Morris also made an impact through her work with the Water Mill Community Club, her friends said, fighting against major developments in the hamlet. In her spare time, she volunteered as a docent during house tours, sold tickets for the Southampton Hospital benefit, posted petitions for, or against, notable issues in Southampton Town, and even made special decorations for senior luncheons with Wilson’s mother, Adel.

One involved making turkeys out of walnuts, she recalled.

“These are women in their 70s and 80s, and they’re trying to get the googly eyes stuck on, and June would just laugh,” Wilson said. “She’s, like, ‘We had eyes stuck to our hands, our clothes, our chairs. One time, your mother got up, it was stuck to her bottom.’ They would laugh and have such a good time.”

On nice summer days, they would go for joyrides — picking up a hot dog in Westhampton, yarn for their crafting, shells at the beach. They were the best of friends until Adel Wilson died in 2016.

“When my mother passed, she said, ‘I’ve gotta step up now in your mom’s shoes,’” her daughter recalled. “She’s been there through everything, all of my major life events. It’s like losing one of your best friends and a mother.”

In Morris’s final days, they talked about spirituality, she said, and Wilson promised her that she would see her mother soon. “I said, ‘She’ll be there. She’ll meet you. She’ll help you,’” Wilson said. “And I really did believe that. And I do believe that.”

After Morris died, a nurse from Stony Brook Southampton Hospital reached out to Wilson, wanting to share some of her friend’s final words.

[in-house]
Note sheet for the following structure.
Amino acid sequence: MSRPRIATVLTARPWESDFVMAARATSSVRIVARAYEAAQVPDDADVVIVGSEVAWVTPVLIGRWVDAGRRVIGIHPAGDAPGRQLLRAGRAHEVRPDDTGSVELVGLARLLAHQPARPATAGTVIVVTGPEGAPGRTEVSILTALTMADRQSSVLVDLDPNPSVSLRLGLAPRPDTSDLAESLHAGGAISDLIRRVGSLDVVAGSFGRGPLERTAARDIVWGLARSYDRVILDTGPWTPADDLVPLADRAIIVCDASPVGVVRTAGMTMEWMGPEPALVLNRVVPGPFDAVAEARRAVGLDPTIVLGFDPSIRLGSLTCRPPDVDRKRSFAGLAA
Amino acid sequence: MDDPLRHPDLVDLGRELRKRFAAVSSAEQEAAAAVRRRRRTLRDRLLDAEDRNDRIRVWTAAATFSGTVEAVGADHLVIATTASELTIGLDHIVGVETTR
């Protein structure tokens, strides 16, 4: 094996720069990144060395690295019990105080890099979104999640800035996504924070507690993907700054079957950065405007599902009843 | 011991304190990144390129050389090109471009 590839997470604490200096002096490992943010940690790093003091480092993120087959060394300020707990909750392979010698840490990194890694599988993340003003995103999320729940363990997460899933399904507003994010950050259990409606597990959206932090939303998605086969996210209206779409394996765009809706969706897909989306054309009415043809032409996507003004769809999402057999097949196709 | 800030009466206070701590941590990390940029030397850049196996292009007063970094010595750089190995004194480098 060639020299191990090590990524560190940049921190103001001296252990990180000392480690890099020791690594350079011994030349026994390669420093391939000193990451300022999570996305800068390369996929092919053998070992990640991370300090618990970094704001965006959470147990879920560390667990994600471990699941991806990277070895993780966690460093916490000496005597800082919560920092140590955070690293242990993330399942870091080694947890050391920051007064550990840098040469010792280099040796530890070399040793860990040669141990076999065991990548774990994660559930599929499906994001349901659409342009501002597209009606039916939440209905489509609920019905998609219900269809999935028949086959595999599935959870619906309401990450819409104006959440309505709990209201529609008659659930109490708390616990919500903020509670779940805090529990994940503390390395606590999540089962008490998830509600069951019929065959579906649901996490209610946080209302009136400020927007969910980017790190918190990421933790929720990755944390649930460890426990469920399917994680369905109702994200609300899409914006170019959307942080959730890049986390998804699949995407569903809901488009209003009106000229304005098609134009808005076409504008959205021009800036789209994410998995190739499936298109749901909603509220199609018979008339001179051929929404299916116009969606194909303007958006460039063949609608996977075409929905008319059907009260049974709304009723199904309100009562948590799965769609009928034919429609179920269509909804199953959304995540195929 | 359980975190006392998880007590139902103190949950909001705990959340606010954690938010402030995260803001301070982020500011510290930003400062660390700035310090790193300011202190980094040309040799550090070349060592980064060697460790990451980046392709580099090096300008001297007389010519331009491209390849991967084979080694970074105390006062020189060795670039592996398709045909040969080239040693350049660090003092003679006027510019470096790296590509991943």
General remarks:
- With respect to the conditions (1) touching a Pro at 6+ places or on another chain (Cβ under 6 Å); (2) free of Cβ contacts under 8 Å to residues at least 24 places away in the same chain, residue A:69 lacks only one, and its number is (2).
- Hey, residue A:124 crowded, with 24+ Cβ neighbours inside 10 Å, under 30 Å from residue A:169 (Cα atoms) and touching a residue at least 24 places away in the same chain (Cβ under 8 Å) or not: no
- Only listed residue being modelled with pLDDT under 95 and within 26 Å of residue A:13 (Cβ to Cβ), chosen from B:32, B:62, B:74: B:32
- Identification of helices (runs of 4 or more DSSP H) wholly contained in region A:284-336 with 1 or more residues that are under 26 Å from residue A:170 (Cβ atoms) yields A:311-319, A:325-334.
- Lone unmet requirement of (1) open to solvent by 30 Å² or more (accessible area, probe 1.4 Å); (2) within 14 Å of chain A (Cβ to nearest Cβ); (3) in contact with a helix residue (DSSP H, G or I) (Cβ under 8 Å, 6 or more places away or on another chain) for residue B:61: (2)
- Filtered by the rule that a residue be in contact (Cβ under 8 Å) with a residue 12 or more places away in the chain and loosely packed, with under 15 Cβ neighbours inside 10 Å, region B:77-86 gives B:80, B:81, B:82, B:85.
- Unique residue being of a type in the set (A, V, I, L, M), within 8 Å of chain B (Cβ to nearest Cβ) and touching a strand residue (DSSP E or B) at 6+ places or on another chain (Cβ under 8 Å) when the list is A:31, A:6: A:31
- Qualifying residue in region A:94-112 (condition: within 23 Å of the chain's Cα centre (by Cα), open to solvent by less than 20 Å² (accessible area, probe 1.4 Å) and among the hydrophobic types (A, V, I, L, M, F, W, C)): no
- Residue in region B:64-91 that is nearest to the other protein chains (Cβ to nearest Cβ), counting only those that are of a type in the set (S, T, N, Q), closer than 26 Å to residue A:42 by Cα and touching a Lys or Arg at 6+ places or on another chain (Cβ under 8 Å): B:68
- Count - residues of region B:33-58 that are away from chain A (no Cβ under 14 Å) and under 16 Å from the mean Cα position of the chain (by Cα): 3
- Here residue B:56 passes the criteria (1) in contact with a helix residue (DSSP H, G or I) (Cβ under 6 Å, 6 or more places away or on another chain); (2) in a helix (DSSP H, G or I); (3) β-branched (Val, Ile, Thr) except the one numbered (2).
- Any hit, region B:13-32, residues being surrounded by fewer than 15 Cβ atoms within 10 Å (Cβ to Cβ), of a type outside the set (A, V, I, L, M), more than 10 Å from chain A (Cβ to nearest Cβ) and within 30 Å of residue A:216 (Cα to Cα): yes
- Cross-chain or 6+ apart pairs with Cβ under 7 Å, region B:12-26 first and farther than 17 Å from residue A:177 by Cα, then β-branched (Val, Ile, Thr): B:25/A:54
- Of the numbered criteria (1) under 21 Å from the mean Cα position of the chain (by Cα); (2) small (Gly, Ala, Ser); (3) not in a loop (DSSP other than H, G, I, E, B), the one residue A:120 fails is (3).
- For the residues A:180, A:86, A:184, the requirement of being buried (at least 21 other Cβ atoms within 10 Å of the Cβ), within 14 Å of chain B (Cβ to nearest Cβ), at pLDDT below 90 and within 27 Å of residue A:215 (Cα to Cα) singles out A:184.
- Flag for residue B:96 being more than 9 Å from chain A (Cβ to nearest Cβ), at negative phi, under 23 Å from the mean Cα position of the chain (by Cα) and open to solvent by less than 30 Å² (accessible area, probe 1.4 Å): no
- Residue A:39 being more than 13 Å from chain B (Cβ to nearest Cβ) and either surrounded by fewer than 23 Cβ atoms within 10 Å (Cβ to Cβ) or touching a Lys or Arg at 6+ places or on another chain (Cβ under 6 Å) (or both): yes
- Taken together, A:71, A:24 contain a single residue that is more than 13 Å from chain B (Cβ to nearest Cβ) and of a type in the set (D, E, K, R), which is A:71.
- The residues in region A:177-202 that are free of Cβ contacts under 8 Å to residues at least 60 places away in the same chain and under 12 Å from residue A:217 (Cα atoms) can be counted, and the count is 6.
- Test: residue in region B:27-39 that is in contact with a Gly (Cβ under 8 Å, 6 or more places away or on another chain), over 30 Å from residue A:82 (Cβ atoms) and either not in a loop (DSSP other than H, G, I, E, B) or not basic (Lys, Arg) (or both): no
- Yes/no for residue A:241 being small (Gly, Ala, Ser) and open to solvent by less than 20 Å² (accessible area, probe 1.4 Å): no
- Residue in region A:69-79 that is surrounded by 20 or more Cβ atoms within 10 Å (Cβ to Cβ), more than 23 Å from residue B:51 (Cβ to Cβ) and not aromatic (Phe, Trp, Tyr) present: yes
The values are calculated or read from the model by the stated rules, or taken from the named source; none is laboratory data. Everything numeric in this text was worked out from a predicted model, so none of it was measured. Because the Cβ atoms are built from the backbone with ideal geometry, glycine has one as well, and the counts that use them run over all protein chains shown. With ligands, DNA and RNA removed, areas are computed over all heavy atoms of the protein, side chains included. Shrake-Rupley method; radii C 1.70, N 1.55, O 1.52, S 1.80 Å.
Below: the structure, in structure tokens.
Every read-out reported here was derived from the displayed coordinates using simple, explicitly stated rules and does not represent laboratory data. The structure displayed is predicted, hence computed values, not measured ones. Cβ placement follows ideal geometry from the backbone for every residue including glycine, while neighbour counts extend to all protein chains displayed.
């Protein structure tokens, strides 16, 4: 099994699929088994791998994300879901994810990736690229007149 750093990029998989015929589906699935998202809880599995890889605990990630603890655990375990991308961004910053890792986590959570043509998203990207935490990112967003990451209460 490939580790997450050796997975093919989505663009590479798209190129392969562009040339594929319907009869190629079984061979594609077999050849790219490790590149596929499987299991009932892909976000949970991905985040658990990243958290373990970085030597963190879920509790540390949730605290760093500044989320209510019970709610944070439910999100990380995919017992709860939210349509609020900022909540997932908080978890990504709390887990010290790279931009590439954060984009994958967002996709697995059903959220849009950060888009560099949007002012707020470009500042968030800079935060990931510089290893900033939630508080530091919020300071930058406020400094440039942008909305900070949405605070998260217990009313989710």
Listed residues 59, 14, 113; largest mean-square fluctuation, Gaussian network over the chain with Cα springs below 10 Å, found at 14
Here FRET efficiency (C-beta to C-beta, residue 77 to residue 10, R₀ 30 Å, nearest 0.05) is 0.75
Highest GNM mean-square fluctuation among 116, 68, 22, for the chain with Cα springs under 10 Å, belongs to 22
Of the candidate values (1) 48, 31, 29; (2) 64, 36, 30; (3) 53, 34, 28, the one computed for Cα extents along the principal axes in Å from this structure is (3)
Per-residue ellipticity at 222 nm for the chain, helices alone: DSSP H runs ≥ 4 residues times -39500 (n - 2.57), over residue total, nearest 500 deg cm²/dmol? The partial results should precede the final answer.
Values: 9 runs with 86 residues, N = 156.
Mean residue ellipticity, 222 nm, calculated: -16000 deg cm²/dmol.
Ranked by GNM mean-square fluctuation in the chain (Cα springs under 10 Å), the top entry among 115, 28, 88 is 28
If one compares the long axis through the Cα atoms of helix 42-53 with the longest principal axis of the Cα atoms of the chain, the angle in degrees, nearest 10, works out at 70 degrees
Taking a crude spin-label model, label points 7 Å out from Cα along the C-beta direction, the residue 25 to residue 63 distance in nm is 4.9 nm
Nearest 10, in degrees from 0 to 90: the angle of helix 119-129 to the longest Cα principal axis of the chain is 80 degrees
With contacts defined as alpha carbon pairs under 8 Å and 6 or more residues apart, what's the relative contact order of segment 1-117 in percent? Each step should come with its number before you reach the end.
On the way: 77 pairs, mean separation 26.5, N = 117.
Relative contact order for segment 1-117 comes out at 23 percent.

“She told me that June said, ‘Call a cab for me, my friend’s waiting. C’mon, get the cab. My friend’s waiting. I gotta go,’” Wilson said. “So I think she was ready, and I think my mom came and those two went off for a ride. I’m sure they’re having a really good time.”

Morris is survived by her son, who lives in Colorado; Robert and Pat Morris, her brother-in-law and sister-in-law, of Pennsylvania; and many cousins and extended family on Shelter Island. In lieu of flowers, donations can be made to the Southampton Village Volunteer Ambulance, the Veterans of Foreign Wars, or East End Hospice.

On February 18, friends and family gathered at the Brockett Funeral Home in Southampton, where some of the Penny Candy girls decorated the tables in candy and Meaney provided a jar of sweets. Outside, as snow fell steadily, Wilson said she whispered to herself, “Please, June, let it stop snowing.”

Only at the Water Mill Cemetery, standing next to her friend’s gravesite, did the sun finally come out.